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Why “Pleading the Fifth” Doesn’t Work in Tax Cases

  • 11 July 2017
  • Author: Alexander Carr
  • Number of views: 3996
Why “Pleading the Fifth” Doesn’t Work in Tax Cases

From corporate leadership to government officials, it seems invoking the Fifth Amendment and declining to provide information during legal proceedings has become popular. But if you assume the tactic can be used as a defense for not filing taxes, think again.

The recent case of Lee v. United States has brought this to light. When Theodore Lee’s 2006 income taxes were due, he was being audited by the IRS for his 1999-2005 taxes. Lee said he decided to defer filing his 2006 income tax return (until 2010), believing that doing so was protected by his Fifth Amendment right to not make self-incriminating statements.

“The court had an easy time with his argument, and rejected the claim. The Fifth Amendment does grant a privilege against self-incrimination. However, that doesn't mean you can just refuse to file taxes,” explains San Francisco-based tax attorney Robert W. Wood. “In fact, merely invoking the Fifth in a tax case can invite penalties or get the IRS looking more harshly at you.”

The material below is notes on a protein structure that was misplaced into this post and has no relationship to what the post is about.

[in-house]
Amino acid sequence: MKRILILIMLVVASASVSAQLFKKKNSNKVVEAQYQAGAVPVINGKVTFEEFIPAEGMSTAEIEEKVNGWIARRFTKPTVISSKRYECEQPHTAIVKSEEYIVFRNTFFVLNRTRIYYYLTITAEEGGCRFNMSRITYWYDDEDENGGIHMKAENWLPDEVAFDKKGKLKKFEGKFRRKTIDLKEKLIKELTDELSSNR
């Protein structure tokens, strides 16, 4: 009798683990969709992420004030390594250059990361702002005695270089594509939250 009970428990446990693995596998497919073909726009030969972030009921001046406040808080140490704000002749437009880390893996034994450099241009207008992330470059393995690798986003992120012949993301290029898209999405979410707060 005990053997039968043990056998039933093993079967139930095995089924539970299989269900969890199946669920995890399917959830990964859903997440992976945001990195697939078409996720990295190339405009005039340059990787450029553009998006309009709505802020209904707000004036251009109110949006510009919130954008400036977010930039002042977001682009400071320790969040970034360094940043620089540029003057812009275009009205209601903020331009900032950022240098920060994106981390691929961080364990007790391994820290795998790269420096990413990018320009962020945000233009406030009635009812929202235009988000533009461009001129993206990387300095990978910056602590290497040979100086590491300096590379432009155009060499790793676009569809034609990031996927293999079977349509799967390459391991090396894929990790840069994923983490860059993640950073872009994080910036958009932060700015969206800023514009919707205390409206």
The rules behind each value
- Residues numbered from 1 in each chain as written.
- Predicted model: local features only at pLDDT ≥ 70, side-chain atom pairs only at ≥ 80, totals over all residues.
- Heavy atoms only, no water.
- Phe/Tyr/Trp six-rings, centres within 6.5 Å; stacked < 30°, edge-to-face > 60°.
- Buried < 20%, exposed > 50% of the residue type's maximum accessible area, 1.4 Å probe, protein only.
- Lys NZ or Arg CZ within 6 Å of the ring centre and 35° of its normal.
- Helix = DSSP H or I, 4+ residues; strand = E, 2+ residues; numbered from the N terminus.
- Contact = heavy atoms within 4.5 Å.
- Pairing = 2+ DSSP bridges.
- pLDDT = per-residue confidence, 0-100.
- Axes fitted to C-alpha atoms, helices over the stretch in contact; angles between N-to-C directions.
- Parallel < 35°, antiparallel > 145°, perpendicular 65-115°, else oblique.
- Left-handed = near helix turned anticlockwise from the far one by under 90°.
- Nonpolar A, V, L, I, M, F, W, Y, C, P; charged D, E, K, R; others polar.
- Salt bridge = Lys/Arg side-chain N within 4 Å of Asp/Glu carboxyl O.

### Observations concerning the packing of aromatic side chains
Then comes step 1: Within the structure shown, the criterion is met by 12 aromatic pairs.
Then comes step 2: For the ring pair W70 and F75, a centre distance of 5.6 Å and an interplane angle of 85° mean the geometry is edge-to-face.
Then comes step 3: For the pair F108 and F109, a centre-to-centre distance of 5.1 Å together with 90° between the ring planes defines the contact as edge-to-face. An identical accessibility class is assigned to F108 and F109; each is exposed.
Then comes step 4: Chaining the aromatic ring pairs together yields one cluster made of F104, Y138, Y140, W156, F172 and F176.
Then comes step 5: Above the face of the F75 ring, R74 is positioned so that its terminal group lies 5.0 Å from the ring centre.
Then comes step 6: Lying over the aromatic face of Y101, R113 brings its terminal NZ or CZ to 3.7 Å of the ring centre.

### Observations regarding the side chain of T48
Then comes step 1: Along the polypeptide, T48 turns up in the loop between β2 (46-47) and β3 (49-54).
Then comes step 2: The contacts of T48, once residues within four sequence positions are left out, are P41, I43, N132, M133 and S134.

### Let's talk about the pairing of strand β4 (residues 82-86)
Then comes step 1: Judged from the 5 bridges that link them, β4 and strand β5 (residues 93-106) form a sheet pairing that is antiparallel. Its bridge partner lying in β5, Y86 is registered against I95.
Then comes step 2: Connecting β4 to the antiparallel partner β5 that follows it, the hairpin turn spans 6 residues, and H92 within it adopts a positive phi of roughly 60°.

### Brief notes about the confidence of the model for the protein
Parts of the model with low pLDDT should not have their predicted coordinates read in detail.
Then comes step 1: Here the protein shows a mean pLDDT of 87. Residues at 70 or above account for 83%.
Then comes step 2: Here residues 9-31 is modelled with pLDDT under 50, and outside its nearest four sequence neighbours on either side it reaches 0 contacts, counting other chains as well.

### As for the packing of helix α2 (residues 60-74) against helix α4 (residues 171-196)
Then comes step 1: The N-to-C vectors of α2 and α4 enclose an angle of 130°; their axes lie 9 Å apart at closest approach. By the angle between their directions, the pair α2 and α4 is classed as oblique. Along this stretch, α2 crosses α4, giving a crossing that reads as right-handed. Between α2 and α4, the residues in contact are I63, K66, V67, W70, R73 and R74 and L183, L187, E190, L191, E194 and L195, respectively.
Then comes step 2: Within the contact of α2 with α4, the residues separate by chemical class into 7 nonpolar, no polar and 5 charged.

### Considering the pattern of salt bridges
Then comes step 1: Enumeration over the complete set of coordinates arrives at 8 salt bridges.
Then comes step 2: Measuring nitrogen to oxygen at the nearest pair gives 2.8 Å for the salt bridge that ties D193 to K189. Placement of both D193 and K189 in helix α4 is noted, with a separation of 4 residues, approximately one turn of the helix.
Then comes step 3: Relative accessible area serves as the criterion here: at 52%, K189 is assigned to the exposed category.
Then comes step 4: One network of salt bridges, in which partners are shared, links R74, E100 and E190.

One area in which the IRS is likely to reject the assertion of Fifth amendment privilege is when offshore accounts are involved. That’s because, long ago, the court decided taxpayers can be forced to produce “essentially regulatory” records that are not purely personal. In short: You cannot claim Fifth Amendment protection for bank records, including Foreign Bank and Financial Accounts (FBARs).

There are very few exceptions to this rule but they do exist. In the 2015 case Youssefzadeh v. Comm’r, the income tax return was filed and  included all income, but certain line items showing where the money came from were blacked out. The taxpayer did at least two things right, according to the court: they filed the taxes on time and those taxes were “substantially correct.”  The court also found that a real and appreciable danger of self-incrimination existed when answering questions that might trigger a duty to file an FBAR. In this case, the Fifth Amendment privilege won but only after a long, hard legal battle.

Of course, the best course of action is to not get involved in any activity that could trigger a tax audit in the first place. Contact us to find out more.

Image Copyright: alexandrmoroz / 123RF Stock Photo

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